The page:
Matrix approximation is a common tool in machine learning for building accurate prediction models for recommendation systems, text mining, and computer vision. A prevalent assumption in constructing matrix approximations is that the partially observed matrix is of low-rank. We propose a new matrix approximation model where we assume instead that the matrix is only locally of low-rank, leading to a representation of the observed matrix as a weighted sum of low-rank matrices. We analyze the accuracy of the proposed local low-rank modeling. Our experiments show improvements in prediction accuracy in recommendation tasks.

* 3 pages, 2 figures, Workshop submission to the First International Conference on Learning Representations (ICLR) 

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A Practical Algorithm for Topic Modeling with Provable Guarantees

Dec 19, 2012
Sanjeev Arora, Rong Ge, Yoni Halpern, David Mimno, Ankur Moitra, David Sontag, Yichen Wu, Michael Zhu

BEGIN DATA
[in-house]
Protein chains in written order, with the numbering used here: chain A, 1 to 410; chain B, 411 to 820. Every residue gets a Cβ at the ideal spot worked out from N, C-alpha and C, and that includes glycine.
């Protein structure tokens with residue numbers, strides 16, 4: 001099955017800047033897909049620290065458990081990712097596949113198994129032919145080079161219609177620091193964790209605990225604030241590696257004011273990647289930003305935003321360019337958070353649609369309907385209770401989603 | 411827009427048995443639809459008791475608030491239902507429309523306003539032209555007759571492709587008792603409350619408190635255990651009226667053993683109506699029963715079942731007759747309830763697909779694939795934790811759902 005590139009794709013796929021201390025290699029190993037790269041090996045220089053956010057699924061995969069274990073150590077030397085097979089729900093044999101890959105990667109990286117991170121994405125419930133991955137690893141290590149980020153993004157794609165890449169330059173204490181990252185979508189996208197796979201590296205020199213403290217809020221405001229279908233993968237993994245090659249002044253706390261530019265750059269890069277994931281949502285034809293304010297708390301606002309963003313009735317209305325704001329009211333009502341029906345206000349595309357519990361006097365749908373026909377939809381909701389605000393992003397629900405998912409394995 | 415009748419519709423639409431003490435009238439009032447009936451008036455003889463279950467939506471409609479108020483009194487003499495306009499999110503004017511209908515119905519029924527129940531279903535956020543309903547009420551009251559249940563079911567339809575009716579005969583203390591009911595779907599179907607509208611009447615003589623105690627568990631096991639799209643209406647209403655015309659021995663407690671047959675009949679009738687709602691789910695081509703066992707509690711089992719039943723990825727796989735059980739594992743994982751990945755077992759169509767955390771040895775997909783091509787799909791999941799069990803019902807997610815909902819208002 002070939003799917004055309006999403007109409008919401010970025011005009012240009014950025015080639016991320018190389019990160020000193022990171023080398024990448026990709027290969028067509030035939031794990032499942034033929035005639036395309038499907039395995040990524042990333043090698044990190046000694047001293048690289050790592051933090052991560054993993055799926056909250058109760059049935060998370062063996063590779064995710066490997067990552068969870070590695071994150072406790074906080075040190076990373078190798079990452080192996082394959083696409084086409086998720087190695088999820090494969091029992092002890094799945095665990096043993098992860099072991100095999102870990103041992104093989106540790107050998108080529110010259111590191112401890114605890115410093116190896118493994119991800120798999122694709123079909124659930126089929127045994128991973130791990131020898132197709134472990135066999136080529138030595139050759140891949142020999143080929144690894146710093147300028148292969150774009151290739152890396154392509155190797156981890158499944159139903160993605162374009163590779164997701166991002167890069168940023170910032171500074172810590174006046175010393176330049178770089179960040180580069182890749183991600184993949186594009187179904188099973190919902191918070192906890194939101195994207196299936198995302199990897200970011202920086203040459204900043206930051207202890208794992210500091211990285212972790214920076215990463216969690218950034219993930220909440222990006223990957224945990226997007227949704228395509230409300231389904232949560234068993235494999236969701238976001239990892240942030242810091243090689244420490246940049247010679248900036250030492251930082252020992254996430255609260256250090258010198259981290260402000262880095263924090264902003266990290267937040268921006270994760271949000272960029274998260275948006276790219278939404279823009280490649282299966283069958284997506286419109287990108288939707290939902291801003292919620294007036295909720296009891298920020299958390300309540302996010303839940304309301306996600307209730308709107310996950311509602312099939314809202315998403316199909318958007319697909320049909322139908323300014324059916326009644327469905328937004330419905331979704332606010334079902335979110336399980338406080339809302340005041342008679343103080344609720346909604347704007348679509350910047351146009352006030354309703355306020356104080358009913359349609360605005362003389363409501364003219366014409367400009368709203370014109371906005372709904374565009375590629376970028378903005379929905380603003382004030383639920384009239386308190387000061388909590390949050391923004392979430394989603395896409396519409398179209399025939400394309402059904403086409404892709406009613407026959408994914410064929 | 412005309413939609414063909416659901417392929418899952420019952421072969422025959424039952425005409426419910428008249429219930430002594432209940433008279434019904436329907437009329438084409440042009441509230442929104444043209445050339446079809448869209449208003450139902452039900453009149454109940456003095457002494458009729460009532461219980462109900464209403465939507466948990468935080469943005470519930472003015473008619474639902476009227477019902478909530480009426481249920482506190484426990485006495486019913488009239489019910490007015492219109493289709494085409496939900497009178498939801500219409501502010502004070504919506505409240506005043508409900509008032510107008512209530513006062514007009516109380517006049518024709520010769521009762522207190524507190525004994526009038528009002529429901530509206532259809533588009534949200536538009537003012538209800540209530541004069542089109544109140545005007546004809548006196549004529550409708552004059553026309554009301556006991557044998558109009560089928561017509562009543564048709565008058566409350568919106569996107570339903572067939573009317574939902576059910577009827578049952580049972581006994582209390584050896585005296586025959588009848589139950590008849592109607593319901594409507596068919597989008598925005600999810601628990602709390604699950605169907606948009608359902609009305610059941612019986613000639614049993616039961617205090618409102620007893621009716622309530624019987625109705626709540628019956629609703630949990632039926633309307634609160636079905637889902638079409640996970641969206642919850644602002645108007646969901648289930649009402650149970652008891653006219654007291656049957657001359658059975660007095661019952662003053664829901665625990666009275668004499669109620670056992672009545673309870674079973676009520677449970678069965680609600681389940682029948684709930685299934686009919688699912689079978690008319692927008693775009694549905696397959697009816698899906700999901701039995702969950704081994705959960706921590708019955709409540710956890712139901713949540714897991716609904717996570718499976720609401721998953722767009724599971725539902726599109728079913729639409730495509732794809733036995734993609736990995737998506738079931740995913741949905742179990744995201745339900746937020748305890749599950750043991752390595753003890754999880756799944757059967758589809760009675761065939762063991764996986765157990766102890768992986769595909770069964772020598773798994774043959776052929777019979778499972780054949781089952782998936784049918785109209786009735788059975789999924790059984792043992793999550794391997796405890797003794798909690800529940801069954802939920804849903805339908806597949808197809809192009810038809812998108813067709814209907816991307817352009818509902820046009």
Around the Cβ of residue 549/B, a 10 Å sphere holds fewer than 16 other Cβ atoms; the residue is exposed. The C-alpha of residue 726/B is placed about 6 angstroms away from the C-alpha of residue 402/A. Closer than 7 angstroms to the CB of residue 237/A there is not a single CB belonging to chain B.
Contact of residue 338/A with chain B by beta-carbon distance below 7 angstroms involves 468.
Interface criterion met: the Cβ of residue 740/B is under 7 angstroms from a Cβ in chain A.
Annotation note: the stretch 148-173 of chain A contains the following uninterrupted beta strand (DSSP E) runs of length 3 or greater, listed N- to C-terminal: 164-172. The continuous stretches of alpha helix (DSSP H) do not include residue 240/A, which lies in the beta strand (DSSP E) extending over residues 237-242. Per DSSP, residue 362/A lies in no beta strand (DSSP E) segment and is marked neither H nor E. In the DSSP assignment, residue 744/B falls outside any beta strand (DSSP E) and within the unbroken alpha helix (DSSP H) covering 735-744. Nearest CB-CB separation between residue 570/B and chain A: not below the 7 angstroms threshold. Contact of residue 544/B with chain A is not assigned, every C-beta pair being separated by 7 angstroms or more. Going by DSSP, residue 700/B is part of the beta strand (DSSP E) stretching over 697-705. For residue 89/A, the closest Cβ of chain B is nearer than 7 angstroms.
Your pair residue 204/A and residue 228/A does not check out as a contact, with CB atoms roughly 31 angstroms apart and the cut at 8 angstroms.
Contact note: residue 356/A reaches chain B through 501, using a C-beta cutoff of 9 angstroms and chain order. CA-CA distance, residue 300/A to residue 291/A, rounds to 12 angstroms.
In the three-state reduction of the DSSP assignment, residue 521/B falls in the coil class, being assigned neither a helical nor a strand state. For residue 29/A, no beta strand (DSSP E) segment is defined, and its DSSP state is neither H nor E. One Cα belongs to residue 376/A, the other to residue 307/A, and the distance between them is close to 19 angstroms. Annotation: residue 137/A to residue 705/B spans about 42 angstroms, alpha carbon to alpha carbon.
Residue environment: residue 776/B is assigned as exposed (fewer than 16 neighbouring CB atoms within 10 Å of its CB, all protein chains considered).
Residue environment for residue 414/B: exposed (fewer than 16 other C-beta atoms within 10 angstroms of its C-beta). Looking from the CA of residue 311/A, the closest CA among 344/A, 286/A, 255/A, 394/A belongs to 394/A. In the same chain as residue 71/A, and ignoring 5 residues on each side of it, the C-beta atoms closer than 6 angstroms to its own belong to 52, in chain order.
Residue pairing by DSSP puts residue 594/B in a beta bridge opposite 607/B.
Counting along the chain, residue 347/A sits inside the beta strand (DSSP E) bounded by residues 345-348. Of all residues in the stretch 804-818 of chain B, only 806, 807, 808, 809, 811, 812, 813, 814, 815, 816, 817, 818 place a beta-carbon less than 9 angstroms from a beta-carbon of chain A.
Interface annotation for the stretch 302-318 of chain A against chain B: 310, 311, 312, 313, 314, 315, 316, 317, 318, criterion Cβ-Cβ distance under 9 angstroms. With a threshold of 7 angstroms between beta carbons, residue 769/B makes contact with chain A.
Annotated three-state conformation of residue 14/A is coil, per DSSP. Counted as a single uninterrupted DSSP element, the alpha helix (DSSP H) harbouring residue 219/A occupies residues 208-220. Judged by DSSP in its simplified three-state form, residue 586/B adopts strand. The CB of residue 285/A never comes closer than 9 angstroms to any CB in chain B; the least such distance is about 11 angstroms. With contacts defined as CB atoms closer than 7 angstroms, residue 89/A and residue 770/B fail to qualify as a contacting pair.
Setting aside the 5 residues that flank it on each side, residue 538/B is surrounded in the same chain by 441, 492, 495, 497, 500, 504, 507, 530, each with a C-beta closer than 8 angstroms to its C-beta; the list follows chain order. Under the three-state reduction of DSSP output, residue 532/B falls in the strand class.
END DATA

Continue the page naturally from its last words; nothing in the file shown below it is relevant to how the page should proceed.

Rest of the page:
Topic models provide a useful method for dimensionality reduction and exploratory data analysis in large text corpora. Most approaches to topic model inference have been based on a maximum likelihood objective. Efficient algorithms exist that approximate this objective, but they have no provable guarantees. Recently, algorithms have been introduced that provide provable bounds, but these algorithms are not practical because they are inefficient and not robust to violations of model assumptions. In this paper we present an algorithm for topic model inference that is both provable and practical. The algorithm produces results comparable to the best MCMC implementations while running orders of magnitude faster.